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隊服の上から触れた彼の身体からは、かすかではあるものの温もりを感じられる。

I've already read the answers to these questions:

However, I still don't understand it. To me, は just emphasises the fact that the warmth is feeble and nothing more. You say it shows contrast, but between what? かすか and?

What would be the difference in nuance with the sentence below?

隊服の上から触れた彼の身体からは、かすかであるものの温もりを感じられる。

Please, add pairs of example sentences to your answers that only differ in である/ではある (not single different sentences) to show the difference in nuance between them.

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Generally Xではある is an emphasis by contrast with non-Xである(or Xでない). More verbosely it means if I were to describe it X or non-X, I would say X.

I think it is similar in English when the verb is pronounced emphatically. E.g.,

  • It is feeble but some warmth was felt. (with emphasis on is)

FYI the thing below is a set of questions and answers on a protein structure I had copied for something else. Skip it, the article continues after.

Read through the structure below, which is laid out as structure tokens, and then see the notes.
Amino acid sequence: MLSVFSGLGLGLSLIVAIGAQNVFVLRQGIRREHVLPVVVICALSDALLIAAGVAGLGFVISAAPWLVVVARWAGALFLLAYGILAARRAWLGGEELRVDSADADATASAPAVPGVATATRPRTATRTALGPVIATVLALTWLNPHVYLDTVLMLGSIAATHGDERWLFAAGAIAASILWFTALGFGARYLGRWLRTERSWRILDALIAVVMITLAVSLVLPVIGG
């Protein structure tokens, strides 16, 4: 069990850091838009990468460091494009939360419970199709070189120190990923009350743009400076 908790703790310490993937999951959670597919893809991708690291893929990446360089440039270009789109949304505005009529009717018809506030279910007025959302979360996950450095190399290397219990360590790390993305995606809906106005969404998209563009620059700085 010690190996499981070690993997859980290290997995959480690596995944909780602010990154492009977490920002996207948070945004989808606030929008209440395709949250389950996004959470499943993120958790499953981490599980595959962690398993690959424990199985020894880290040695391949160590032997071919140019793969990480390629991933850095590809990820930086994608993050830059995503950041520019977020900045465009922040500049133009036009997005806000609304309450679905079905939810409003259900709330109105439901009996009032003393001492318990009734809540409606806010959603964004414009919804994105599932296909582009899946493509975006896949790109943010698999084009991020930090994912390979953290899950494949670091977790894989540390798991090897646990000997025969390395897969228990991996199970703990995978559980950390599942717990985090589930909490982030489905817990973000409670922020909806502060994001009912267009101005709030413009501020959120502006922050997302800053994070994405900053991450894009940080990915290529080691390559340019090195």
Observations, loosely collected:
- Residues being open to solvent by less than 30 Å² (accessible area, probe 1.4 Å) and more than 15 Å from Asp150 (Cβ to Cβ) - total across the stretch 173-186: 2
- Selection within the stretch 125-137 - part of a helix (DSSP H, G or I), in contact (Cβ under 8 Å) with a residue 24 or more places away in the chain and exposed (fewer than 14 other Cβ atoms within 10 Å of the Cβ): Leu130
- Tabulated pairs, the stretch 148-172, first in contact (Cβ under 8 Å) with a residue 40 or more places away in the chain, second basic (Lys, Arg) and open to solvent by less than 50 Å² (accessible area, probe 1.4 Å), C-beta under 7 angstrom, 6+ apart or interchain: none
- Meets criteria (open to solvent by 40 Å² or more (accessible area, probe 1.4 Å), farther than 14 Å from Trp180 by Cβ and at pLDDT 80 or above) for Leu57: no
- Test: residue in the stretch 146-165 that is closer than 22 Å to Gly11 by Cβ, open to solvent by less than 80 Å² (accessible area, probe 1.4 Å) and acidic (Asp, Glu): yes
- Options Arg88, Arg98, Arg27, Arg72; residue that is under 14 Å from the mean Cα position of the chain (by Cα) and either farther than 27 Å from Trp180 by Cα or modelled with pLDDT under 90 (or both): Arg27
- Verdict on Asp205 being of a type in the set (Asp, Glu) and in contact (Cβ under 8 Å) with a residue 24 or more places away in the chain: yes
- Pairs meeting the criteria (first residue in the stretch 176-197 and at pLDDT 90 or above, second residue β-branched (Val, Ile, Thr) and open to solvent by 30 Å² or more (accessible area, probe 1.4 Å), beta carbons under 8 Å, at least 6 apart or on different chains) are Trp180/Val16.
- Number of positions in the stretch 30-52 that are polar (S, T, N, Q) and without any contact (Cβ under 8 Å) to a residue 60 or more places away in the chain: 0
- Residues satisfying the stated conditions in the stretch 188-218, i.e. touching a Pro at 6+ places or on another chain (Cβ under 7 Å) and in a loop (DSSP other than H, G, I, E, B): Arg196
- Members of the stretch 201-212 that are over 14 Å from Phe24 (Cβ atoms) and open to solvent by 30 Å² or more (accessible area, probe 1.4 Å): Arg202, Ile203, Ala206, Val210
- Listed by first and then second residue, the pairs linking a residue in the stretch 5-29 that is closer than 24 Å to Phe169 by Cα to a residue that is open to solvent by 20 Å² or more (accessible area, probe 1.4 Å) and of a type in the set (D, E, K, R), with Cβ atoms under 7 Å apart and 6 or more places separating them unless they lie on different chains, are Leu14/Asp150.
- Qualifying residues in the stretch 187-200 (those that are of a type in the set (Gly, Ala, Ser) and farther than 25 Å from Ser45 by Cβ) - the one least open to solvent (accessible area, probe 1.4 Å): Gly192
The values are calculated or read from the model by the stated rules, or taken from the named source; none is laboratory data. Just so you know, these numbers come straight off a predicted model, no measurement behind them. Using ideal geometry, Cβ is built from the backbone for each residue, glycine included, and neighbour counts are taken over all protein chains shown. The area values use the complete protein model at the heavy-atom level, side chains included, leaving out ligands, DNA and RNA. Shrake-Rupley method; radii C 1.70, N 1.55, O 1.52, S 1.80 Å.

Here at least in some sense, is should be contrasted with is not.

The difference of かすかではあるものの and かすかであるものの in the question is as subtle as that of the above and the version without emphasis on is (It is feeble but..).


Practically, Xではある indicates that there is a reservation or more simply it translates X, but... Like the sentences in question, if the "but ..." part is not omitted, it does not make a lot of difference.

When nothing follows after ではある, then it makes a difference. For example,

  • この映画は人気だ(人気である)
  • この映画は人気ではある

The former is a plain statement that the film is popular. The latter indicates there is "but". The implication may be that the speaker does not like it or that the film cost too much money and hence is commercially not that successful. It depends on context.

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